About 8.5 million higher-rate and other taxpayers are due to submit their 1991-92 tax returns to the Revenue by 31 October.
But many of them will miss the deadline because they are unaware of it or because they do not appreciate its significance.
Loughlin Hickey, a tax partner at the accountants KPMG Peat Marwick, believes that many wives, for example, do not know about the new obligation on them to send in their own tax returns under the system of independent taxation introduced last year.
He believes that the Revenue is probably still tracking down people who should have made a return last year but did not do so.
He said: 'The Revenue believe they have issued a very clear warning to everyone that they are treating 31 October seriously.'
The Inland Revenue says it is unable to assess what tax liability is due in time to meet the statutory payment dates if returns are sent in any later.
Nigel Edwards, a partner with the chartered accountants Butterworth Jones, said: 'It is the duty of individuals to advise the Inland Revenue if they have a source of taxable income. If there is any doubt in your mind about whether some income is going to result in a tax bill, you should tell the Revenue anyway and let them decide.
'They do have power to obtain information, and cross-checking of information is not uncommon. For example, one person's rent payment is somebody else's income.'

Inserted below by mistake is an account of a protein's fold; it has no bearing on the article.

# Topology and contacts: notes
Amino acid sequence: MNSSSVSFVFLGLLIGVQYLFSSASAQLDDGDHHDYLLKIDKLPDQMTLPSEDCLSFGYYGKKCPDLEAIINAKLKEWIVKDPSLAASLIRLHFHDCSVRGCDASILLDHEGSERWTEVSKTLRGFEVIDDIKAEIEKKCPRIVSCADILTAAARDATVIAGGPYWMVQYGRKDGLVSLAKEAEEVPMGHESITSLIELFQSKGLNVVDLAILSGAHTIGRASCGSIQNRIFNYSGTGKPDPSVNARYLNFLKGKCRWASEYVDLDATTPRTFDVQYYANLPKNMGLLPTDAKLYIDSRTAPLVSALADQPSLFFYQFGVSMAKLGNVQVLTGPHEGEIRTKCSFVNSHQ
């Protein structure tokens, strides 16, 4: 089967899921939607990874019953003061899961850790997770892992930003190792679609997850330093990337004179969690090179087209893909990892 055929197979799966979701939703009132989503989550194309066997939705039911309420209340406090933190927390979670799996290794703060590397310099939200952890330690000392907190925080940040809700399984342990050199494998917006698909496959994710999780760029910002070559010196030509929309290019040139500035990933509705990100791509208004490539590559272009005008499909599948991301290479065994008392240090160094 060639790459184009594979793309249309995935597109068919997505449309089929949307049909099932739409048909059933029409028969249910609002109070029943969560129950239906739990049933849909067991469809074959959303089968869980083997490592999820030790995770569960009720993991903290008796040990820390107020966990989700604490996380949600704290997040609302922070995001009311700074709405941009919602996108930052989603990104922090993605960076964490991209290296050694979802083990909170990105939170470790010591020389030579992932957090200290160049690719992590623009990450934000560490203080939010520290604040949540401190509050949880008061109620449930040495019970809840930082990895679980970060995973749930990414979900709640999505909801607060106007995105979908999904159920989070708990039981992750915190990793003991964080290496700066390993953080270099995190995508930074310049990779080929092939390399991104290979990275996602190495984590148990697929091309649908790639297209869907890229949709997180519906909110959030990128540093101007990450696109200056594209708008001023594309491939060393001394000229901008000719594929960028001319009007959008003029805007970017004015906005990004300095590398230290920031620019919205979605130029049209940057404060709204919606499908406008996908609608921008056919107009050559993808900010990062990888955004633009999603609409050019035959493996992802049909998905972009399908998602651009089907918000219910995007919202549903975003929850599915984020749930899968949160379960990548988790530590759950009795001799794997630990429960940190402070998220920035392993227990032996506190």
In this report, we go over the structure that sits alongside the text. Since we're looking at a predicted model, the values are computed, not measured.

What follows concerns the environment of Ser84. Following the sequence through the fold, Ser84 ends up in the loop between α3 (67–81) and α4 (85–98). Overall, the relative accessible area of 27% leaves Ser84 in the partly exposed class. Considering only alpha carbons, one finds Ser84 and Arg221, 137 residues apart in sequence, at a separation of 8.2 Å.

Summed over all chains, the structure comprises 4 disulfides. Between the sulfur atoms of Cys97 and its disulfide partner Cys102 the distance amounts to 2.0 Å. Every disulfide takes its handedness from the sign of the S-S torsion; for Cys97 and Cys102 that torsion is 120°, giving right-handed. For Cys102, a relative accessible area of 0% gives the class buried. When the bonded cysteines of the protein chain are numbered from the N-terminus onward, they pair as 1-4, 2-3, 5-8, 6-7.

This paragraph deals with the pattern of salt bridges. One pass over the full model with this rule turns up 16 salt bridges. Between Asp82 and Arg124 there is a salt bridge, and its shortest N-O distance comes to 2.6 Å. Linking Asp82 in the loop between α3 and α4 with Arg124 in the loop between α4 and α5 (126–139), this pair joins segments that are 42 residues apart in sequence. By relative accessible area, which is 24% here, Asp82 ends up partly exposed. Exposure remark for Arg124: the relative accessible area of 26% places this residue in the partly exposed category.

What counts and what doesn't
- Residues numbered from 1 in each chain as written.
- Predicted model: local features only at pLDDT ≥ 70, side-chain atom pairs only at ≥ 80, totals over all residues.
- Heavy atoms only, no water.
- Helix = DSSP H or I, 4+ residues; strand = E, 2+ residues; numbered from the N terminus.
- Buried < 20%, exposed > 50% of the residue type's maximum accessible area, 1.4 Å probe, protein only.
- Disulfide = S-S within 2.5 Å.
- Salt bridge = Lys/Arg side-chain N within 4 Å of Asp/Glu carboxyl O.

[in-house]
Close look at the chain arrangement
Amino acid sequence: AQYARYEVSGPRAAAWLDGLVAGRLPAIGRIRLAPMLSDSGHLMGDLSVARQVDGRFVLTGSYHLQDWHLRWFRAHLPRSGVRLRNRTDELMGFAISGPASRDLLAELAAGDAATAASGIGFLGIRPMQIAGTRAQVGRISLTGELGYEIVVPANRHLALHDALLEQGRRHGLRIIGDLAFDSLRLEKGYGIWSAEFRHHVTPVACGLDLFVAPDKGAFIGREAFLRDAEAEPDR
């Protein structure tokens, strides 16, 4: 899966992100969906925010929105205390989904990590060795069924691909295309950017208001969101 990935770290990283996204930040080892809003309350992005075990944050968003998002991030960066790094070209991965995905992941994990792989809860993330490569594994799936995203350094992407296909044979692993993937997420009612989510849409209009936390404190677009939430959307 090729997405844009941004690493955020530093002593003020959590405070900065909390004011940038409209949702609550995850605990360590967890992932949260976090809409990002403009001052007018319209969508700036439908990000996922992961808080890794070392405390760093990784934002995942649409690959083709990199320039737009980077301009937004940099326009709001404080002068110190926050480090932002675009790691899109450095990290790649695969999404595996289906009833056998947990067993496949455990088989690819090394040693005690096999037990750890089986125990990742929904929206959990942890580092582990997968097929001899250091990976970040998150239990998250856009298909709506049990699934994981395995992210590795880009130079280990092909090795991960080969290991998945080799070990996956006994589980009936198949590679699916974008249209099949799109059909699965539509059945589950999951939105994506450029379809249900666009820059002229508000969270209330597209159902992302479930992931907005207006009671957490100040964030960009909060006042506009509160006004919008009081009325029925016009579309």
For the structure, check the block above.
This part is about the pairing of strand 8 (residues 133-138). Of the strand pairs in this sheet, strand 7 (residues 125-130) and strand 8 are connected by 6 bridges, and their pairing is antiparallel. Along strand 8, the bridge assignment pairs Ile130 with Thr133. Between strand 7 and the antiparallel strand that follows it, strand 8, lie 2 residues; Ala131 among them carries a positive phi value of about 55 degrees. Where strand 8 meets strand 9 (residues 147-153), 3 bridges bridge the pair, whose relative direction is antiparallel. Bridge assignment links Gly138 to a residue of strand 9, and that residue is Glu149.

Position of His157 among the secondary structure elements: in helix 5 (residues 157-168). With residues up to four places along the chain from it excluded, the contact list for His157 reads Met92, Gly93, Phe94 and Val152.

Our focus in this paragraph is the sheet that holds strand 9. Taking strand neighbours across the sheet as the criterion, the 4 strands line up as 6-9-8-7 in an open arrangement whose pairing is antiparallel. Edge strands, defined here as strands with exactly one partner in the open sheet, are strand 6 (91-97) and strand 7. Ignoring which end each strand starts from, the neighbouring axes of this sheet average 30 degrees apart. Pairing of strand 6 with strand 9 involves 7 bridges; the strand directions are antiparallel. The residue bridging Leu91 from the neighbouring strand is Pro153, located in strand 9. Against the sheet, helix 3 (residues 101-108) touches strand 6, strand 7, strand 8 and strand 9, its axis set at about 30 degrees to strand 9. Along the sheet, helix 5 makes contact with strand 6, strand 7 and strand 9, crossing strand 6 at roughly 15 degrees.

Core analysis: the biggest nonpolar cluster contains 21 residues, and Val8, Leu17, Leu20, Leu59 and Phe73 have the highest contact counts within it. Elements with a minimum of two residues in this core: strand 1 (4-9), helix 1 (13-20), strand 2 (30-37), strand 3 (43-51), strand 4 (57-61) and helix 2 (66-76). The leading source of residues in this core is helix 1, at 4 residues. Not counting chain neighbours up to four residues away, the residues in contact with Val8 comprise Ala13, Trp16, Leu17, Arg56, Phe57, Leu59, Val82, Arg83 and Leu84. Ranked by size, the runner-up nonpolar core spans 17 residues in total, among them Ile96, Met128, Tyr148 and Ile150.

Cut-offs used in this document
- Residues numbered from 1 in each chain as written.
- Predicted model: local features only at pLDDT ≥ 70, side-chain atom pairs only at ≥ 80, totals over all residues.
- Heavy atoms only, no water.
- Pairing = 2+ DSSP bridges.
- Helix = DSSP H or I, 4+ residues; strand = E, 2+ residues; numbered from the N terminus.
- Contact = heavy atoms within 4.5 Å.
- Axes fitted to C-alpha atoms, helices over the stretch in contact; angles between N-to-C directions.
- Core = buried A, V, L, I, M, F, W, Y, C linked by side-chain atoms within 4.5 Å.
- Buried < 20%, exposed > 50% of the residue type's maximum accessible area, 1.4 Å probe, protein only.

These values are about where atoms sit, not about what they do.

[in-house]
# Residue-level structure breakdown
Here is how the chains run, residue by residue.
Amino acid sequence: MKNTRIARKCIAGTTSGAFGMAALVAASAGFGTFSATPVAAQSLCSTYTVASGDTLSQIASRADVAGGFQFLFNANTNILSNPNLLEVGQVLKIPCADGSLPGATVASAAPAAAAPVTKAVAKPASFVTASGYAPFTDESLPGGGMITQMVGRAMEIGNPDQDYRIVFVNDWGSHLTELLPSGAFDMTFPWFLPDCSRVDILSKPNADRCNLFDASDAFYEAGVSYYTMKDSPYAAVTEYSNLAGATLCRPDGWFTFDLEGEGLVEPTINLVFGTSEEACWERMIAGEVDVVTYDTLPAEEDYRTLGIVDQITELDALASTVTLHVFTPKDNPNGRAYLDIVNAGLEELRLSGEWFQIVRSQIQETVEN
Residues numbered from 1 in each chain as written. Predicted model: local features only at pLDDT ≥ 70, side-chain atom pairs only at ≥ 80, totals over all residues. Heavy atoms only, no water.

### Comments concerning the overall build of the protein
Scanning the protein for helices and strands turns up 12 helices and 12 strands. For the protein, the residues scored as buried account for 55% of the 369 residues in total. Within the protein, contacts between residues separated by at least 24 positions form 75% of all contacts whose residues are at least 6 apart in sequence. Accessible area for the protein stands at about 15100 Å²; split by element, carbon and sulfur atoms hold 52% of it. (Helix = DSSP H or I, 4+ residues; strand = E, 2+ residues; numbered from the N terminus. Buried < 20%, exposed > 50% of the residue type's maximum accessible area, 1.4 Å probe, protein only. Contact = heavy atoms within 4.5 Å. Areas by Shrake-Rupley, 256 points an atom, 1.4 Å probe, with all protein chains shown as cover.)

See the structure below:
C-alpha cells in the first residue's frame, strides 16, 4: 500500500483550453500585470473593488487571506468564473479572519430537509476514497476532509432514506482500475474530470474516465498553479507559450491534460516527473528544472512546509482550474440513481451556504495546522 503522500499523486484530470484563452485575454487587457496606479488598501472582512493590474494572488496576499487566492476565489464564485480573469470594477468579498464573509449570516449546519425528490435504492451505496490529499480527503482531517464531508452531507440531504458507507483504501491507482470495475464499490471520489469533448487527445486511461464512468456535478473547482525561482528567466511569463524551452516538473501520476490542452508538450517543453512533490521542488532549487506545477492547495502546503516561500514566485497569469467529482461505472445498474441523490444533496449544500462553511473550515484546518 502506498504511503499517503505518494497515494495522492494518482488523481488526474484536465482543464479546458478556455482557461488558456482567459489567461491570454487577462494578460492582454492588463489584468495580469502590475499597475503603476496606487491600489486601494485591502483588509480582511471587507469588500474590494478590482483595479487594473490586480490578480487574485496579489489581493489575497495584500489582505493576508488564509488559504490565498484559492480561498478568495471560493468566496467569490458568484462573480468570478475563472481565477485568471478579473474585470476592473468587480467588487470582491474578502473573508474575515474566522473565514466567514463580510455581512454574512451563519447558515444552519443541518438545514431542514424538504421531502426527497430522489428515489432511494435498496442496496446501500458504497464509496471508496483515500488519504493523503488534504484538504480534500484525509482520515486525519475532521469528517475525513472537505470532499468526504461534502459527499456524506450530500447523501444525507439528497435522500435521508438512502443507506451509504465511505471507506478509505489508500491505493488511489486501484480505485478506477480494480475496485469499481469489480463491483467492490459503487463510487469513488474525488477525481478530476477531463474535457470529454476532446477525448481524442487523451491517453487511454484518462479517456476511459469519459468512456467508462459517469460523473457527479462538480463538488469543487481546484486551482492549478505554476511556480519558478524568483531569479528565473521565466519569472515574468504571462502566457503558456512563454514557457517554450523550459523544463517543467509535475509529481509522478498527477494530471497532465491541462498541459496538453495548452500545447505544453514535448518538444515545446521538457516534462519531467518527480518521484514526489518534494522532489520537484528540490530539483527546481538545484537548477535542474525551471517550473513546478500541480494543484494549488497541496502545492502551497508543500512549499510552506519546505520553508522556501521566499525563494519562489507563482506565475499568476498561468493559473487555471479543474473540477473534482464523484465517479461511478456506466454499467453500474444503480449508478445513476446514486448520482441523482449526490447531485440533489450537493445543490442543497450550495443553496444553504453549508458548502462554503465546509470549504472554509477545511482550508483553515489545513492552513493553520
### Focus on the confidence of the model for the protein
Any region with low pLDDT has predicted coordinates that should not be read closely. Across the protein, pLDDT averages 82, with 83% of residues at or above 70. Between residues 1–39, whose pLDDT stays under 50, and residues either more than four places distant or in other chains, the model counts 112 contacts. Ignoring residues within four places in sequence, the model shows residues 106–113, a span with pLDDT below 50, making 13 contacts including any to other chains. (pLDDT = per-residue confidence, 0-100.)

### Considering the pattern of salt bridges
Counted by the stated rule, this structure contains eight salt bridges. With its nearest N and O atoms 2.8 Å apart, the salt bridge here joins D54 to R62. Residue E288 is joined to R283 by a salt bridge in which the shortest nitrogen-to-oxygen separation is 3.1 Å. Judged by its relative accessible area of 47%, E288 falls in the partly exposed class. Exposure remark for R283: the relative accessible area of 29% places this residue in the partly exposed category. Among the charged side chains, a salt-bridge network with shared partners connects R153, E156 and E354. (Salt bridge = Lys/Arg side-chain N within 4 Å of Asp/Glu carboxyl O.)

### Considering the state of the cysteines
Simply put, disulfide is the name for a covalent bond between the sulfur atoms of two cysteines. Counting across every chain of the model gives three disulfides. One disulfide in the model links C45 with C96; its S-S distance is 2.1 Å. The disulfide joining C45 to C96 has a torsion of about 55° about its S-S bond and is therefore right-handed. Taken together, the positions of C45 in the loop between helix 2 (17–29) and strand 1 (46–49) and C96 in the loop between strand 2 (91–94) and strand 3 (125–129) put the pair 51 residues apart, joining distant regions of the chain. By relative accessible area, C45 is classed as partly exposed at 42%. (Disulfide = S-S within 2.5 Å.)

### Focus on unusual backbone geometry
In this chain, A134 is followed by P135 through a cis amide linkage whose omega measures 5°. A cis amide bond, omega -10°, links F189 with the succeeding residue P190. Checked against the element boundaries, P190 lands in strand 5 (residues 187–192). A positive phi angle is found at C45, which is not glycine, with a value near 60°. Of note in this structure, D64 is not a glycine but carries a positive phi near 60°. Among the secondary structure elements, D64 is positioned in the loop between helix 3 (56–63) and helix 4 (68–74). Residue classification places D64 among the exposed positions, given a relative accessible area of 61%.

Return forms are sent out to taxpayers in April. Theoretically they are due to be completed within 30 days but the Revenue has extended the deadline to the end of October.
All higher-rate taxpayers and anyone else who receives income that is not fully taxed at source is obliged to fill out a tax return - even if they have not automatically been sent one by the Revenue.
Higher-rate taxpayers, people who owe tax on bank deposit accounts, for example, and those who have a capital gains liability are due to pay the tax on 1 December.
The country's 3.5 million self-employed people who pay Schedule D tax have to make their first payment on 1 January. If their tax returns are late this can lead to late assessments and payments, which may mean fines and interest charges.
Penalties and interest are incurred for failing to pay tax when it is due, and also for failing to fill out a tax form, for submitting an incorrect return either fraudulently or negligently, and for submitting incorrect accounts or claiming incorrect allowances.
The interest rate charged by the Inland Revenue on tax paid late is currently 9.25 per cent. This is payable gross and is not deductable from profits or income.Reuse content